Magnetic Field at the Center of a Wire Loop

Homework Statement

A piece of wire is bent to form a circle with radius r. It has a steady current I flowing through it in a counterclockwise direction as seen from the top (looking in the negative z direction).

What is B_z(0), the z component of B at the center (i.e., x = y = z = 0) of the loop?

Express your answer in terms of I, r, and constants like mu_0 and pi.

The Attempt at a Solution

I know this equation:

$$\frac{(\mu_0)I}{2(\pi)r}$$

but there is a hint that says I need to find the Integrand.

Thank You.

Homework Statement

A piece of wire is bent to form a circle with radius r. It has a steady current I flowing through it in a counterclockwise direction as seen from the top (looking in the negative z direction).

What is B_z(0), the z component of B at the center (i.e., x = y = z = 0) of the loop?

Express your answer in terms of I, r, and constants like mu_0 and pi.

The Attempt at a Solution

I know this equation:

$$\frac{(\mu_0)I}{2(\pi)r}$$

but there is a hint that says I need to find the Integrand.

Thank You.

Integrate the magnetic field around the circular path of radius r.
$$\oint \vec B \cdot d\vec r = ?$$

Doc Al
Mentor
Biot-Savart law

I know this equation:

$$\frac{(\mu_0)I}{2(\pi)r}$$
That's the magnetic field from an infinite straight current-carrying wire.

Look up the Biot-Savart law. That will give you the field from a current element.

but there is a hint that says I need to find the Integrand.
Right. Once you have the field from a current element, you'll need to integrate around the entire loop. (Since you are only asked to find the field at the center of the loop--as opposed to some arbitrary location--the integral will turn out to be quite doable.)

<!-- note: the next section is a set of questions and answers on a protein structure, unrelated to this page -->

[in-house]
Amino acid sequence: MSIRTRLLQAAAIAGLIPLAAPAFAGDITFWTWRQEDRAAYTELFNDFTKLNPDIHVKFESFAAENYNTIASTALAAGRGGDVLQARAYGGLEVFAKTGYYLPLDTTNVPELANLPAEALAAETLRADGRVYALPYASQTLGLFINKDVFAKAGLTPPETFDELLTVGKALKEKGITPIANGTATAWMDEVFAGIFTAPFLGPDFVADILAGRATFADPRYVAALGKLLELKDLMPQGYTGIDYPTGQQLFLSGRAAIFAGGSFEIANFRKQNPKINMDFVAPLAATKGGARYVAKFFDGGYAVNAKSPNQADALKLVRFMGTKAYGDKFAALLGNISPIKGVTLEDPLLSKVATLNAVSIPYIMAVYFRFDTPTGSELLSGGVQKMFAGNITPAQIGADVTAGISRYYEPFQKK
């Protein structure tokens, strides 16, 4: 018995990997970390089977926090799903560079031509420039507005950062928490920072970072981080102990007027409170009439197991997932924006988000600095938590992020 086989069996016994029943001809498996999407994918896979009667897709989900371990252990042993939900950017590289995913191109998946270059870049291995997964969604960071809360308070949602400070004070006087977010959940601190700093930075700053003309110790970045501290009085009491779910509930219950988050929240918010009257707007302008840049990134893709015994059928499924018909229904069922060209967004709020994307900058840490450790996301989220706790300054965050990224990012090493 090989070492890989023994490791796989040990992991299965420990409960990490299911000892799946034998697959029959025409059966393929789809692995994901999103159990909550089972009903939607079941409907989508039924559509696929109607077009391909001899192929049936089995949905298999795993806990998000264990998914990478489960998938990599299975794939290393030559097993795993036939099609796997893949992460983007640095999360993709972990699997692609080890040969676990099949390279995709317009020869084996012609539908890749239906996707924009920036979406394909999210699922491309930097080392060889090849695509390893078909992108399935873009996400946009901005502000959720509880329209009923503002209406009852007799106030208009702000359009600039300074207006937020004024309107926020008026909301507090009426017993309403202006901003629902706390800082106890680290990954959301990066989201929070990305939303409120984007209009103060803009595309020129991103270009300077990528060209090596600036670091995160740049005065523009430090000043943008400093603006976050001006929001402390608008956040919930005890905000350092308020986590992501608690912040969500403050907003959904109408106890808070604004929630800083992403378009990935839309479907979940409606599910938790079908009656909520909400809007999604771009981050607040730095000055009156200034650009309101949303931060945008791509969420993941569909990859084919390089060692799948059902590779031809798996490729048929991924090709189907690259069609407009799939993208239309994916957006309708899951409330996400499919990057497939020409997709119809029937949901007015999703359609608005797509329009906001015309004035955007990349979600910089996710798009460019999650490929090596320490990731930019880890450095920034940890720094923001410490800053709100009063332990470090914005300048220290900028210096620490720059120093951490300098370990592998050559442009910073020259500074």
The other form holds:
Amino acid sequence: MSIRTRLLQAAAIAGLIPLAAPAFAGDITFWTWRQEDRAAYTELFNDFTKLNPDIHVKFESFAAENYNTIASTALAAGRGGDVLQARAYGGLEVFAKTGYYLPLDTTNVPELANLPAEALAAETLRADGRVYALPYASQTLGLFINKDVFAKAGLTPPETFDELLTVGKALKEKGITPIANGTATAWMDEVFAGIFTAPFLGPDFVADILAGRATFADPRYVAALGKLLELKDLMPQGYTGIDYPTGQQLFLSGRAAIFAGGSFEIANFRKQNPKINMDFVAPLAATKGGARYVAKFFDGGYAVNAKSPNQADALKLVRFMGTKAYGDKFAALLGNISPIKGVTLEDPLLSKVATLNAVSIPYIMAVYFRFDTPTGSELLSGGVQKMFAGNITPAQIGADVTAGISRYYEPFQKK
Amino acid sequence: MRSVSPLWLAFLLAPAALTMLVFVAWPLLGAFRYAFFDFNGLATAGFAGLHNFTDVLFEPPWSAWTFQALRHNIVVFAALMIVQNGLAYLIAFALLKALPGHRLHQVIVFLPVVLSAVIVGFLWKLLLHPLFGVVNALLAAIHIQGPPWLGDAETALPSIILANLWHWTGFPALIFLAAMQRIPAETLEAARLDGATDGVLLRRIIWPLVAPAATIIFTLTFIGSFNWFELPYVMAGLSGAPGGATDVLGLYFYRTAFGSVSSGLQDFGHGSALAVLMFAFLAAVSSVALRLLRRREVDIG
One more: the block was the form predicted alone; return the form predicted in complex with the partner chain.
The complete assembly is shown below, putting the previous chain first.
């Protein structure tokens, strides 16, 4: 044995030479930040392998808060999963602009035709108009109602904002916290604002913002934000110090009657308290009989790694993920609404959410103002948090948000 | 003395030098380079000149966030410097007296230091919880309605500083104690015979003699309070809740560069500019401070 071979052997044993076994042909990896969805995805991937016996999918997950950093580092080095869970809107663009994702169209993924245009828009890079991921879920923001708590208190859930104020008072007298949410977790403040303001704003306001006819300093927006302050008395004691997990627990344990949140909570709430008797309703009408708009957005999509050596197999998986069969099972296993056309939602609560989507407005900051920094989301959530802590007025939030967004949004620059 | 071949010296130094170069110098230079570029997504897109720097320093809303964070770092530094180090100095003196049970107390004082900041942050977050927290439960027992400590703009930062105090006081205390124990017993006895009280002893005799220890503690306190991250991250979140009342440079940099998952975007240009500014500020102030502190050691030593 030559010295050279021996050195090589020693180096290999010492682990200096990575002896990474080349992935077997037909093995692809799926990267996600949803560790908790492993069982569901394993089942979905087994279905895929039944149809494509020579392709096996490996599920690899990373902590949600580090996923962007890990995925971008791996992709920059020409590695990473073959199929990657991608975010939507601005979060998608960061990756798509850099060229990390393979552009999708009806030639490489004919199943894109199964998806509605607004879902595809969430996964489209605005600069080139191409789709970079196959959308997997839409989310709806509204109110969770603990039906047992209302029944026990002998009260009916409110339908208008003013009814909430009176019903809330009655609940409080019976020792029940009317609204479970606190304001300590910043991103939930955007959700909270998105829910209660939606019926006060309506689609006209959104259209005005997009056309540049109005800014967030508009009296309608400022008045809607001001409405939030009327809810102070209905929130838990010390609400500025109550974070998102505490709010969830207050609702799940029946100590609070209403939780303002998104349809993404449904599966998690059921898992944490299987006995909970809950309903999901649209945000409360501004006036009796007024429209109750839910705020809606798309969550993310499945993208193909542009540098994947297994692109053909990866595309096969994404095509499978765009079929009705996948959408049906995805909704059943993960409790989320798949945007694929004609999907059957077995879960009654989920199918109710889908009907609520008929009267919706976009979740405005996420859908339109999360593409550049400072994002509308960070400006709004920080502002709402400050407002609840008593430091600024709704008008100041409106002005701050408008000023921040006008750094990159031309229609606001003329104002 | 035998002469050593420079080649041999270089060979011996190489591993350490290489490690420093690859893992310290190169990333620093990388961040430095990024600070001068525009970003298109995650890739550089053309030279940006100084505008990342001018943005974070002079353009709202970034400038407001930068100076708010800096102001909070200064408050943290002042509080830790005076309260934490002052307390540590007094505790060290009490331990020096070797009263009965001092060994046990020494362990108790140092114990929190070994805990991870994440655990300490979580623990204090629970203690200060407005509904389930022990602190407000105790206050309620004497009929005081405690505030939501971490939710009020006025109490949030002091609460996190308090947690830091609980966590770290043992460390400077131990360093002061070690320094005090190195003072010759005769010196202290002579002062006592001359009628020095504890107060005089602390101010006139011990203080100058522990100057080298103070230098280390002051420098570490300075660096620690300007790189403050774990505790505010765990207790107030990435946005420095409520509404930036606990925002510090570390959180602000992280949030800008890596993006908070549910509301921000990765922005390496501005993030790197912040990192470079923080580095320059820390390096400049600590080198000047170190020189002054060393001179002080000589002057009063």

Isnt the equation I posted the Biot-Savart law?

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Doc Al
Mentor
Isnt the equation I posted the Biot-Savart law?
No. As I said, the equation you posted is the field from a long current-carrying wire. Look up the Biot-Savart law.

Sorry, about that, I was looking at the wrong equation in my book.

B = $$\frac{\mu_0}{4\pi}$$ $$\frac{q(v X r}{r^2}$$

since its circular motion B = $$\frac{qmv}{r}$$ <=Would I need to ingetrate this equation?

Doc Al
Mentor
Sorry, about that, I was looking at the wrong equation in my book.

B = $$\frac{\mu_0}{4\pi}$$ $$\frac{q(v X r}{r^2}$$
The one you want is in terms of current:
$$d\vec{B} = \frac{\mu_0 I d\vec{\ell}\times \hat{r}}{4 \pi r^2}$$

Figure out what that is for a point in the center of the loop, then integrate around the loop.

since its circular motion B = $$\frac{qmv}{r}$$ <=Would I need to ingetrate this equation?
Not relevant; No circular motion here.

Figure out what that is for a point in the center of the loop, then integrate around the loop.

Would it be

$$\vec{B} = \frac{\mu_0 I d}{4 \pi r^2}$$

and then integrate that?

Doc Al
Mentor
Almost. After taking care of the vector product, it would be:

$$d\vec{B} = \frac{\mu_0 I}{4 \pi r^2}\;d\ell$$

Integrate that around the loop. (It's easy!)

is the $$d \ell$$ distance*length or the derivative of length.

Then I would $$\oint \vec{B} dr$$ like Reshma said?

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Doc Al
Mentor
is the $$d \ell$$ distance*length or the derivative of length.
Neither. $$d \ell$$ is an element of length around the circumference of the circle. (That should tip you off as to what the integral is. )

Then I would $$\oint \vec{B} dr$$ like Reshma said?
No. Integrate the expression I gave in the last post, which is the field at the center due to a small element of the current, over the complete loop.